Think twice before committing to CBM in India

Vol 15, PW 9 (03 Nov 11) People & Policy

Handing back a CBM block in India is harder than winning it.

BP, Dart Energy and even ONGC are learning this the hard way. Each of them is spending at least Rs9 lakh ($18,000) every month on book-keeping for CBM blocks relinquished over a year ago.

Oil ministry and DGH officials are yet to decide how much penalty to impose for unfinished work programmes at BP’s relinquished block in West Bengal, five surrendered ONGC blocks, and three blocks given up by the Dart-led consortium. As a result BP, Dart and ONGC cannot close their accounts.

These operators unsuccessfully met DGH and oil ministry officials in February for clarity on how much they must pay. Another meeting is scheduled at the ministry in Delhi this month (November).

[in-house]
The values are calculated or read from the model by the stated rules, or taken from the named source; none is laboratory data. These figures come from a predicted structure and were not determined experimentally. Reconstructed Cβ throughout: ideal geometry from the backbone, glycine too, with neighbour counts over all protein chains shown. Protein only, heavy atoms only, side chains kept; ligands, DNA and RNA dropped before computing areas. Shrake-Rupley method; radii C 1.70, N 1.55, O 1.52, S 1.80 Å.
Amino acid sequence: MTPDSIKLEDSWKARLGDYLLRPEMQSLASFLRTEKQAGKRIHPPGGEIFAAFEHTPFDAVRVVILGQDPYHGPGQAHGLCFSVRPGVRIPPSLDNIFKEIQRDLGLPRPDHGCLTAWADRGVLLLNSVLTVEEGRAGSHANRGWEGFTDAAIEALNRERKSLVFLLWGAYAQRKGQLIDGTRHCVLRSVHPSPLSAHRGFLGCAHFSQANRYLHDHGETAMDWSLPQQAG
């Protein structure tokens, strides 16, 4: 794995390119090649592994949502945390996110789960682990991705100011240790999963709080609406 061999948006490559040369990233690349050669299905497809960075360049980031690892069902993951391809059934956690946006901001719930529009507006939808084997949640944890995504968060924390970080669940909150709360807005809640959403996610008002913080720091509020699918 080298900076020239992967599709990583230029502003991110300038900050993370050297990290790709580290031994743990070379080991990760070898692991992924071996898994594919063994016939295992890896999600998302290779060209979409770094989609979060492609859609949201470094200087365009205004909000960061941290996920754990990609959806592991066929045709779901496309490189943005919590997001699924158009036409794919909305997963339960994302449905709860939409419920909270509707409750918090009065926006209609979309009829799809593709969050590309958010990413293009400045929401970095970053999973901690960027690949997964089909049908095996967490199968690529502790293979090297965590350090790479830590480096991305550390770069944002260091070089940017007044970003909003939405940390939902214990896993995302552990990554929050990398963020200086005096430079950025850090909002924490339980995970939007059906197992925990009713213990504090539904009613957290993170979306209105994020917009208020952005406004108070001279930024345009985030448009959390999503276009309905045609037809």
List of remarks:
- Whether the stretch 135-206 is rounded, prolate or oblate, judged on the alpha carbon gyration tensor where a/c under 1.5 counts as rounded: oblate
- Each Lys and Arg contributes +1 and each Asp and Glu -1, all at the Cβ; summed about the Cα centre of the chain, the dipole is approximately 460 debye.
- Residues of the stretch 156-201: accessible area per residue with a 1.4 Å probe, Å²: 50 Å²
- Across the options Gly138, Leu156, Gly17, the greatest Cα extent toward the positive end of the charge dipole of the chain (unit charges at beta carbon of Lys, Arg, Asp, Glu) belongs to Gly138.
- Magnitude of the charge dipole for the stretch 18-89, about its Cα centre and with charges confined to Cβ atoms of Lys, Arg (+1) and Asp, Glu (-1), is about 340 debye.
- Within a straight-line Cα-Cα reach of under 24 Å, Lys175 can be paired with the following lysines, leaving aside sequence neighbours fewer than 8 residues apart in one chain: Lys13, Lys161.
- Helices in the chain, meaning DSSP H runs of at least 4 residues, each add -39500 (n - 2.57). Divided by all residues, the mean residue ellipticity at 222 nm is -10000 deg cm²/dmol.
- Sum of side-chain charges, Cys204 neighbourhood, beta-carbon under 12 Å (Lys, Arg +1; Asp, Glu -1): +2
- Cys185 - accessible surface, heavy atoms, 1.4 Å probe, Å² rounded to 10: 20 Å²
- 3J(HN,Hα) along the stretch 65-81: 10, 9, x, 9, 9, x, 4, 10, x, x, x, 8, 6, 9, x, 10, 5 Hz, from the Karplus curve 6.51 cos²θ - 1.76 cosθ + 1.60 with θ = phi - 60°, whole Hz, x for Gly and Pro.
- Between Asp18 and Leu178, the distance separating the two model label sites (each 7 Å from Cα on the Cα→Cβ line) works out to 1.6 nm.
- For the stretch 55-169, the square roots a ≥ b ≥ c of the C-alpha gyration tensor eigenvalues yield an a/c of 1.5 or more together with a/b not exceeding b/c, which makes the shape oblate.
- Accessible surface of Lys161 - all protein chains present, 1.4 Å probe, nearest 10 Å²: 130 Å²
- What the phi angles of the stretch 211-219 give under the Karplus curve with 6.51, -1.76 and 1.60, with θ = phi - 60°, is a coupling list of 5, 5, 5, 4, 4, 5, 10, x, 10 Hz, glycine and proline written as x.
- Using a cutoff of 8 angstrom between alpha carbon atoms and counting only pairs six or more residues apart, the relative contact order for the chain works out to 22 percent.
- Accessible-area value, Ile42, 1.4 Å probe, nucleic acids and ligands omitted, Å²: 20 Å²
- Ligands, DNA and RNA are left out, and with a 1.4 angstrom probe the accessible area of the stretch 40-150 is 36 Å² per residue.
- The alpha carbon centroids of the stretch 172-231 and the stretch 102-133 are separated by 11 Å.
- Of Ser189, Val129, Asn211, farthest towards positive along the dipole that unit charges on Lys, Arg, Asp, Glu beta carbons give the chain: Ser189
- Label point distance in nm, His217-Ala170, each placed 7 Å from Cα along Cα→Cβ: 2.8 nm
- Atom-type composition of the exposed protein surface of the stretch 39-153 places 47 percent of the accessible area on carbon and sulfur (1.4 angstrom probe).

When contacted, a DGH source says ‘penalty calculations’ for these blocks were forwarded to the ministry in July for approval. However, a ministry source says calculating penalties at CBM blocks is complicated as - unlike with oil and gas PSCs - exploration expenses for CBM are not ‘cost recoverable’ from production revenue.

More, CBM drilling costs vary greatly. Drilling a CBM well at a difficult location at Jharia in Jharkhand might cost a lot more than drilling a similar well at nearby Dhanbad city.

Ministry officials are concerned CBM operators might be tempted to show lower overall drilling costs in their accounts hoping this will lead to lower penalties for unfinished work. “We do not want to favour any company,” says the ministry.

“Nor do we want to overcharge. Penalties must be justifiable.

But we must be vigilant, and may ask for third-party certification of audited accounts before reaching a final figure.”